“I can hear everything, it’s everything time.”
With that pronouncement, the 5th full-length from astral dilettantes and sometime Brooklyn residents Gang Gang Dance slowly lifts from the launchpad with quiet grace into the 11-minute opener “Glass Jar.” It’s all lens flares and gentle percolations of field-recorded spoken-word snippets, synthesized glissandi, tinkling chimes, and teased cymbals as the atmosphere thins from blue to bruise black. Some four minutes in, the mothership slowly rotates on its axis and the more ardent arpeggios of a navigation computer begin to flash. With a distant stellar destination in sight, the track erupts with a joyous, driving hyperjump halfway along its length and we are propelled into the brilliant all-nite-flite realm of Gang Gang Dance at their best, wrapped about with Liz Bougastos’ ethereal cooing and stabs of charmingly cheep-preset-keys’ steel drums and Fripped-out guitar. It’s the Mos Eisley Cantina house band high on 21st-century spice and a brilliant introduction to a typically gorgeous, strange album whose twists and turns nevertheless form a tightly coordinated intergalactic journey.
Gang Gang Dance have always been keen on crafting album-length voyages for their listeners, but this full-length follow-up to the scintillating Saint Dymphna has an even tighter trajectory. Saint Dymphna was a glorious Aladdin’s cave of sonic gems, revisiting woozy My Bloody Valentine atmospheres displaced to dancefloors here, there famously collaborating with grime boss Tinchy Stryder before he hit high rotation, just for instance. Eye Contact has many of these elements, but couches them more comfortably and consistently, cruising from alpha to omega with just a few diversionary pit-stops, barely stopping to play stylistic hopscotch across the Kaoss pads of their formidably cosmic imaginations.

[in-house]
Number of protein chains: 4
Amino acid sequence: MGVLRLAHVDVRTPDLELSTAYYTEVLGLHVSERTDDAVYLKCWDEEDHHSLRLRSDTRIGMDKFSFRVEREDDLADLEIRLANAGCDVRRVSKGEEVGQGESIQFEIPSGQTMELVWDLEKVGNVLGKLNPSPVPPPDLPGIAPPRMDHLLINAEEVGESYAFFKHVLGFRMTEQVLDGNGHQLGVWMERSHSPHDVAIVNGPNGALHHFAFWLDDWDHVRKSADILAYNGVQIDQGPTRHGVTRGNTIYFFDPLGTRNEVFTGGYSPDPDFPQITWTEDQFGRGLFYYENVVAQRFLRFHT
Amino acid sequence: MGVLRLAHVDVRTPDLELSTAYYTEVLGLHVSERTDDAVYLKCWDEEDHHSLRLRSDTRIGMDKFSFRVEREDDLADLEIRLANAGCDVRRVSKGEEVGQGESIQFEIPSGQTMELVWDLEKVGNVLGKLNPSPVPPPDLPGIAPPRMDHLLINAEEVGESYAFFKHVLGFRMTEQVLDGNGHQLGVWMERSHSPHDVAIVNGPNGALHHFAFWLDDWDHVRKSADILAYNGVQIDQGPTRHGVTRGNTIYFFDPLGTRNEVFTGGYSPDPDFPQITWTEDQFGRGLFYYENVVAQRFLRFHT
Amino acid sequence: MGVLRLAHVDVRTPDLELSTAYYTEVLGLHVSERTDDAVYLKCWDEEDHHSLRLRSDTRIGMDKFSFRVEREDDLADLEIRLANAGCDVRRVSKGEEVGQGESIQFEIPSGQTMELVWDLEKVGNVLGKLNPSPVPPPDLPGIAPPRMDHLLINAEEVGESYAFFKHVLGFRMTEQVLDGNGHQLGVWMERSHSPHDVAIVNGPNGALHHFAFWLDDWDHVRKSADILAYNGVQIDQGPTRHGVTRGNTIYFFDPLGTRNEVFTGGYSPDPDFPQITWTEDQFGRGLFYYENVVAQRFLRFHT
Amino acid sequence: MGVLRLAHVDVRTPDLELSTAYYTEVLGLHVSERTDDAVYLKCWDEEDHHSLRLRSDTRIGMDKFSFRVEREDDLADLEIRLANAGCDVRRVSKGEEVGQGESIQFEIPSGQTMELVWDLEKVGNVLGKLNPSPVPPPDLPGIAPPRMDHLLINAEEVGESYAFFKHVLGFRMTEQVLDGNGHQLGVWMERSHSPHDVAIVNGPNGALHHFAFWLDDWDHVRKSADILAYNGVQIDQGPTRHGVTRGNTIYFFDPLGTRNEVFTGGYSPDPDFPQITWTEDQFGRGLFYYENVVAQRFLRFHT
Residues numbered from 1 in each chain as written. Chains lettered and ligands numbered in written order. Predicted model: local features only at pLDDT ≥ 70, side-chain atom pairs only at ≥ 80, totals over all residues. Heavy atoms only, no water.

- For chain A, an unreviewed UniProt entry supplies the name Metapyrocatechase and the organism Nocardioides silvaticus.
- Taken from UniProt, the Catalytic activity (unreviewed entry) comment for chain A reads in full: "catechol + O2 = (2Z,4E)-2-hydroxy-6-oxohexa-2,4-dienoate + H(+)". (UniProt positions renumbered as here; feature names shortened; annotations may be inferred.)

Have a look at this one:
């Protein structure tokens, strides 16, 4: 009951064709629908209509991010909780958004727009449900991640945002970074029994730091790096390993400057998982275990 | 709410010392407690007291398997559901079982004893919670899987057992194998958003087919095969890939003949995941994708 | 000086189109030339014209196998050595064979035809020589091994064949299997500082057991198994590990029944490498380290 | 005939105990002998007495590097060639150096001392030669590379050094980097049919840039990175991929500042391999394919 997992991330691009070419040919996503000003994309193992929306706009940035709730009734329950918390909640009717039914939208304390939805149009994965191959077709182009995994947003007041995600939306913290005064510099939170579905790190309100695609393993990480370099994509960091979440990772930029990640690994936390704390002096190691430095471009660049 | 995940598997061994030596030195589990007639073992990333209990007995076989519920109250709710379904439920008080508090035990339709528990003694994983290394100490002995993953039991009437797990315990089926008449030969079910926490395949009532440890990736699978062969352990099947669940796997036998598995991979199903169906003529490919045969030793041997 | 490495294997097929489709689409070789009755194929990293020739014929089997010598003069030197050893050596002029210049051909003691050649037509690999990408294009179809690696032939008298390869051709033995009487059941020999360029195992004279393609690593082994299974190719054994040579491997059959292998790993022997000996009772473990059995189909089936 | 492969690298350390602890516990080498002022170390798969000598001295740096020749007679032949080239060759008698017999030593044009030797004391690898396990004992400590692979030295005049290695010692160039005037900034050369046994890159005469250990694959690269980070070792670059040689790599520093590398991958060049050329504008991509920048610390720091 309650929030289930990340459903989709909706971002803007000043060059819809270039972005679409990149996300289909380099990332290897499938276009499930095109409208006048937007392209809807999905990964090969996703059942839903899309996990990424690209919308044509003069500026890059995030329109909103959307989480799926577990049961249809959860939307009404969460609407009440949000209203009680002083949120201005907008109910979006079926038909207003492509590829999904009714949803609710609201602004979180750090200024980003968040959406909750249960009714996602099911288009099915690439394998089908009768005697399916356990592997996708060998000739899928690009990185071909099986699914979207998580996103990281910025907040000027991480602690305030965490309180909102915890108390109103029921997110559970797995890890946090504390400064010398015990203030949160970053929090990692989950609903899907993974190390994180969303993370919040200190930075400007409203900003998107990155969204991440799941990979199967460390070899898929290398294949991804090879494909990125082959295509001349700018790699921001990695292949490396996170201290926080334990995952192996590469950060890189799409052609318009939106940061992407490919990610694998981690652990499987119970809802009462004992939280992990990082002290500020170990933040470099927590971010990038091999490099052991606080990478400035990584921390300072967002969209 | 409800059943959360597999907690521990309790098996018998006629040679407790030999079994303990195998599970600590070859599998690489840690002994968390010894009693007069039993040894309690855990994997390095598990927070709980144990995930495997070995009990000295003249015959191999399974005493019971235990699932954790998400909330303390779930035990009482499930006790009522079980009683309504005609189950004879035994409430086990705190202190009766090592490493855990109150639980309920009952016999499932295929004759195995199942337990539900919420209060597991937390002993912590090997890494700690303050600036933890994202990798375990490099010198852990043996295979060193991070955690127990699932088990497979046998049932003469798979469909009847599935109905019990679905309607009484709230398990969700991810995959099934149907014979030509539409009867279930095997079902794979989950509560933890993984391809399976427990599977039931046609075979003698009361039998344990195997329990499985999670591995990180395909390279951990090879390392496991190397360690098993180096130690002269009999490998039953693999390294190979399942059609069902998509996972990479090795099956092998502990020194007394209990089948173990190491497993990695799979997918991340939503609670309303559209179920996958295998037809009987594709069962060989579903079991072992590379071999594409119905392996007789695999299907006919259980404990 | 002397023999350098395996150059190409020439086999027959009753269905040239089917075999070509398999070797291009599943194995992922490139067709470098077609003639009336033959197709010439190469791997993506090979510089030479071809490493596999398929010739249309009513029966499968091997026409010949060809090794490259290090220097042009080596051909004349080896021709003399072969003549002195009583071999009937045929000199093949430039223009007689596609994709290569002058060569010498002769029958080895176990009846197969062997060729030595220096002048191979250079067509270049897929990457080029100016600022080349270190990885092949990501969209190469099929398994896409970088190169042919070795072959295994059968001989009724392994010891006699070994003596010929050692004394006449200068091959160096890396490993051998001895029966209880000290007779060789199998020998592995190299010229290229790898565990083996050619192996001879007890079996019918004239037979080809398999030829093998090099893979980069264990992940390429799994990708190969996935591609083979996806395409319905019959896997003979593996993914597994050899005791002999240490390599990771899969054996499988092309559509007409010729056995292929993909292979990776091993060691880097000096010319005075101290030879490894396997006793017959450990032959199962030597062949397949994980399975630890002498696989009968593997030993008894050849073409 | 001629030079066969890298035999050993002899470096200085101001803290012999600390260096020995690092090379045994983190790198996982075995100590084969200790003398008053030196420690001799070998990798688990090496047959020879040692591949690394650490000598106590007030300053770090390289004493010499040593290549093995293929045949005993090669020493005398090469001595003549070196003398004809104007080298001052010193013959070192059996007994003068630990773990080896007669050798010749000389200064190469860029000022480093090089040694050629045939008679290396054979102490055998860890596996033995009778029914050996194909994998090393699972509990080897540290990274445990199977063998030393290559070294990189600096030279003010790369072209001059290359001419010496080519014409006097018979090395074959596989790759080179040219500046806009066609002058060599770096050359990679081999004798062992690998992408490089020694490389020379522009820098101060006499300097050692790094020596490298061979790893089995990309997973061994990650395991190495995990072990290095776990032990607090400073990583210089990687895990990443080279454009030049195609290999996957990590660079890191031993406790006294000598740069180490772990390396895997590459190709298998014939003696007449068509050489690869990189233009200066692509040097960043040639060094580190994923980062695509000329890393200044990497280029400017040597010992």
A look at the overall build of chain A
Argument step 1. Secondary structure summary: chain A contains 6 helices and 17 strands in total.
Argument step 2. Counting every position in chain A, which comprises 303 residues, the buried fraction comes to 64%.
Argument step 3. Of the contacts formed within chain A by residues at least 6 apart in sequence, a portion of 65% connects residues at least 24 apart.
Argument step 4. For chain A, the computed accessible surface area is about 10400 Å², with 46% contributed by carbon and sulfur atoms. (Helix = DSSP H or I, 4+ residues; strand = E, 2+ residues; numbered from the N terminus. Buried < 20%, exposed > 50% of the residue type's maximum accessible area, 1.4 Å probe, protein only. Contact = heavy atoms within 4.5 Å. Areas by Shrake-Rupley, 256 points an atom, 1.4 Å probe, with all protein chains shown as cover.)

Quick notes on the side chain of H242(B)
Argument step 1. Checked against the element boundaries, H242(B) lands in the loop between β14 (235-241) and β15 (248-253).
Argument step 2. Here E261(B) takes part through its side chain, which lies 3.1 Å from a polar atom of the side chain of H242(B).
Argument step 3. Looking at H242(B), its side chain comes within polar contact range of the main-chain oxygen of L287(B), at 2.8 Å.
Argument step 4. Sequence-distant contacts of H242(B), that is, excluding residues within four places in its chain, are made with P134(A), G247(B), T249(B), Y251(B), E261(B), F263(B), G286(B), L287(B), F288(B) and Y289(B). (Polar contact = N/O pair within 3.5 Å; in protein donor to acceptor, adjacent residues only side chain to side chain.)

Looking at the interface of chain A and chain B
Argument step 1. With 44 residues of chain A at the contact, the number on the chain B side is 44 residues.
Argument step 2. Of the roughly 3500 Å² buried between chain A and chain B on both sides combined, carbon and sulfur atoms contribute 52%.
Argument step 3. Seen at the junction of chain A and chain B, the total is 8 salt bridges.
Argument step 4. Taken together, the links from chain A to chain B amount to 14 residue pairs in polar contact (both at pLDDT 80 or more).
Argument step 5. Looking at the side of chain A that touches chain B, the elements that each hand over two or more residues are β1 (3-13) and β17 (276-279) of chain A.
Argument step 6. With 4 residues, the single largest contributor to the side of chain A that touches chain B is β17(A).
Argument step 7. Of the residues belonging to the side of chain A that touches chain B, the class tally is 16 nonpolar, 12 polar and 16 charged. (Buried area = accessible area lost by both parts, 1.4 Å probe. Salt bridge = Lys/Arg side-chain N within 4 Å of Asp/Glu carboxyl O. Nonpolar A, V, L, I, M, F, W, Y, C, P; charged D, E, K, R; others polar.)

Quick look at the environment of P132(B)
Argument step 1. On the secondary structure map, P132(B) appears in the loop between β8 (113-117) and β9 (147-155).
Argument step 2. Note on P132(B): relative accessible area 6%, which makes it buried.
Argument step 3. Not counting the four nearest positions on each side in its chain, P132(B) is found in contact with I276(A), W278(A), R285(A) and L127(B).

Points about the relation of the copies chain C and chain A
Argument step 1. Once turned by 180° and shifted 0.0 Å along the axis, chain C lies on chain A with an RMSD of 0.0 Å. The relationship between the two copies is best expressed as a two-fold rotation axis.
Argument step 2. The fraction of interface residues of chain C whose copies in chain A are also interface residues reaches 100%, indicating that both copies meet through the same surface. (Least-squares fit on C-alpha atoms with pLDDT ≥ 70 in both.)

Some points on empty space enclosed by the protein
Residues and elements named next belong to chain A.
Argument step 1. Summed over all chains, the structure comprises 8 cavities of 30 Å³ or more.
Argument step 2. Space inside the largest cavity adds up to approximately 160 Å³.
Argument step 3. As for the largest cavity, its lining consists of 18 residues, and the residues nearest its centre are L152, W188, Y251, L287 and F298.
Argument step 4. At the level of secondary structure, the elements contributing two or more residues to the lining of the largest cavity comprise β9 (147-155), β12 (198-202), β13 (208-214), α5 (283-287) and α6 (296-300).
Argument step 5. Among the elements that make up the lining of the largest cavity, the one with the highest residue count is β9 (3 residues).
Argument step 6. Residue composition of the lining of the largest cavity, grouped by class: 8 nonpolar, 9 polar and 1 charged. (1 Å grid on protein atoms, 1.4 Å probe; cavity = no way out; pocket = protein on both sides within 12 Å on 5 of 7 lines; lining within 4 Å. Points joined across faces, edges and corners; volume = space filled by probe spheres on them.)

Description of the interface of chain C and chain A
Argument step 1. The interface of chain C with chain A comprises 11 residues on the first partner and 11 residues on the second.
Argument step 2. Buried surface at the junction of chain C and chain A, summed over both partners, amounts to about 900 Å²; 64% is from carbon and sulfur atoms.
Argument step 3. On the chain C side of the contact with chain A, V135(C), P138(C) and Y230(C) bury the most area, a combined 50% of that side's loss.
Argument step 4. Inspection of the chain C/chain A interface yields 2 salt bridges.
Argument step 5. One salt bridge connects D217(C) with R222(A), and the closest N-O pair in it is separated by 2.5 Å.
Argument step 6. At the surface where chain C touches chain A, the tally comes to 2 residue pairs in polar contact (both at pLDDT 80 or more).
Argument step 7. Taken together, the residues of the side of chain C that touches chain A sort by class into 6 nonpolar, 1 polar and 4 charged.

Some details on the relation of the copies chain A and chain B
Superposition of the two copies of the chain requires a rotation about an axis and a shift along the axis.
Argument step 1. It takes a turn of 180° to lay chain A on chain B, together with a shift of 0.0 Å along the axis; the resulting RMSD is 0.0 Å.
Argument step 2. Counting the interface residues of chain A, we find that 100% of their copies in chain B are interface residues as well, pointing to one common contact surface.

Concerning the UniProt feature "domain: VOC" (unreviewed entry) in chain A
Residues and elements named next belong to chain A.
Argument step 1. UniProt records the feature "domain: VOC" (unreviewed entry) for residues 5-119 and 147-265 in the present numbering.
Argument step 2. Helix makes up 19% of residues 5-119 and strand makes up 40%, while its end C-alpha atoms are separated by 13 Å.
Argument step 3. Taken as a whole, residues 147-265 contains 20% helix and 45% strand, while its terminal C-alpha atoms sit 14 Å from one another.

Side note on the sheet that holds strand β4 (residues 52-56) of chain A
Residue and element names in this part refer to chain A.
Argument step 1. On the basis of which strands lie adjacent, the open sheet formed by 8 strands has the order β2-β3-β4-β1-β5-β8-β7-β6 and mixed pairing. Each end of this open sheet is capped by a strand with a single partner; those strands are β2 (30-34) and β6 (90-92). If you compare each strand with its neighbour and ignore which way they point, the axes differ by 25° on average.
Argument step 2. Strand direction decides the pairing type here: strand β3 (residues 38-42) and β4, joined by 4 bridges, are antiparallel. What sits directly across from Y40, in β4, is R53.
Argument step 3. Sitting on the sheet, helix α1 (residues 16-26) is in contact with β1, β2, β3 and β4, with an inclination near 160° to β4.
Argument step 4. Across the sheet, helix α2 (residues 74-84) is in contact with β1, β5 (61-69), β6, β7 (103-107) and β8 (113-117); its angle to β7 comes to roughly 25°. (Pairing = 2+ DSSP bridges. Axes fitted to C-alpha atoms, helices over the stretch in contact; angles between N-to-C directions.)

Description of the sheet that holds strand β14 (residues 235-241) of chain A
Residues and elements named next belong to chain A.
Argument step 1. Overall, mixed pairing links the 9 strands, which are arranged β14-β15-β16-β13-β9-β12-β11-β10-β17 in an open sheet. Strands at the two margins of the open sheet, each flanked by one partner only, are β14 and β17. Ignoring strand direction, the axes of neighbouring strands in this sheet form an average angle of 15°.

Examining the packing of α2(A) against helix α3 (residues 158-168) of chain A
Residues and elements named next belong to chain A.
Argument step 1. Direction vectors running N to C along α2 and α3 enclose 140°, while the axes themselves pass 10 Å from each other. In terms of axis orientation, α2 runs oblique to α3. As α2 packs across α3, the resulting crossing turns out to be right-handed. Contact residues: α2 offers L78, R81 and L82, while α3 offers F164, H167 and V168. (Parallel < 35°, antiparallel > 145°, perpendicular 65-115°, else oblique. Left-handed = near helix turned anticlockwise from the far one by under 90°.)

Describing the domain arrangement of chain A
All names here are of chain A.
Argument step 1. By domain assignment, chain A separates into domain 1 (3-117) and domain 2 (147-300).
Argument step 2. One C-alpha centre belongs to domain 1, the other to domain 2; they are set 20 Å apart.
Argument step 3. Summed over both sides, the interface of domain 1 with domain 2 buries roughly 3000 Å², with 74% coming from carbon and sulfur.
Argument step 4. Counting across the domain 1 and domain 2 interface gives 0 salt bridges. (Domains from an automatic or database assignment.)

The album is built around three interludes marked by a number of lemniscates (infinity signs to you and me) reminding us that it’s everything-time because anything goes, but only for a while. The first, “∞,” is a reprieve from the breathless opener, a faded recording of a Latin crooner cocooned by electronic susurrations. This hushed episode paves the way for “Adult Goth,” a track that, when it breaks down, is reminiscent of the labyrinth-rave, Goblinesque postures of Gatekeeper: a haunted gothic castle of pulsing dance music burnished with winding arabesques and Bougastos’ mournful, horizonward voice.
The pleasure in these tracks is the collision of textures and sonic digressions embedded in a tight weave, and so it makes delicious sense that “Chinese High” should open with a stuttering piece of sampling that sounds like Scanner watching CCTV (the aptly named Chinese state broadcasting organization, that is). It’s yet another curio turned over in Gang Gang Dance’s endlessly fascinating junkshop, a harking back to Byrne and Eno’s 30-year-old cutup and cookoff My Life In The Bush Of Ghosts (and a reminder of this seminal recording’s enduring relevance), a tiny tangent that could in its own right form an epigrammatic chapter like the ∞-tracks.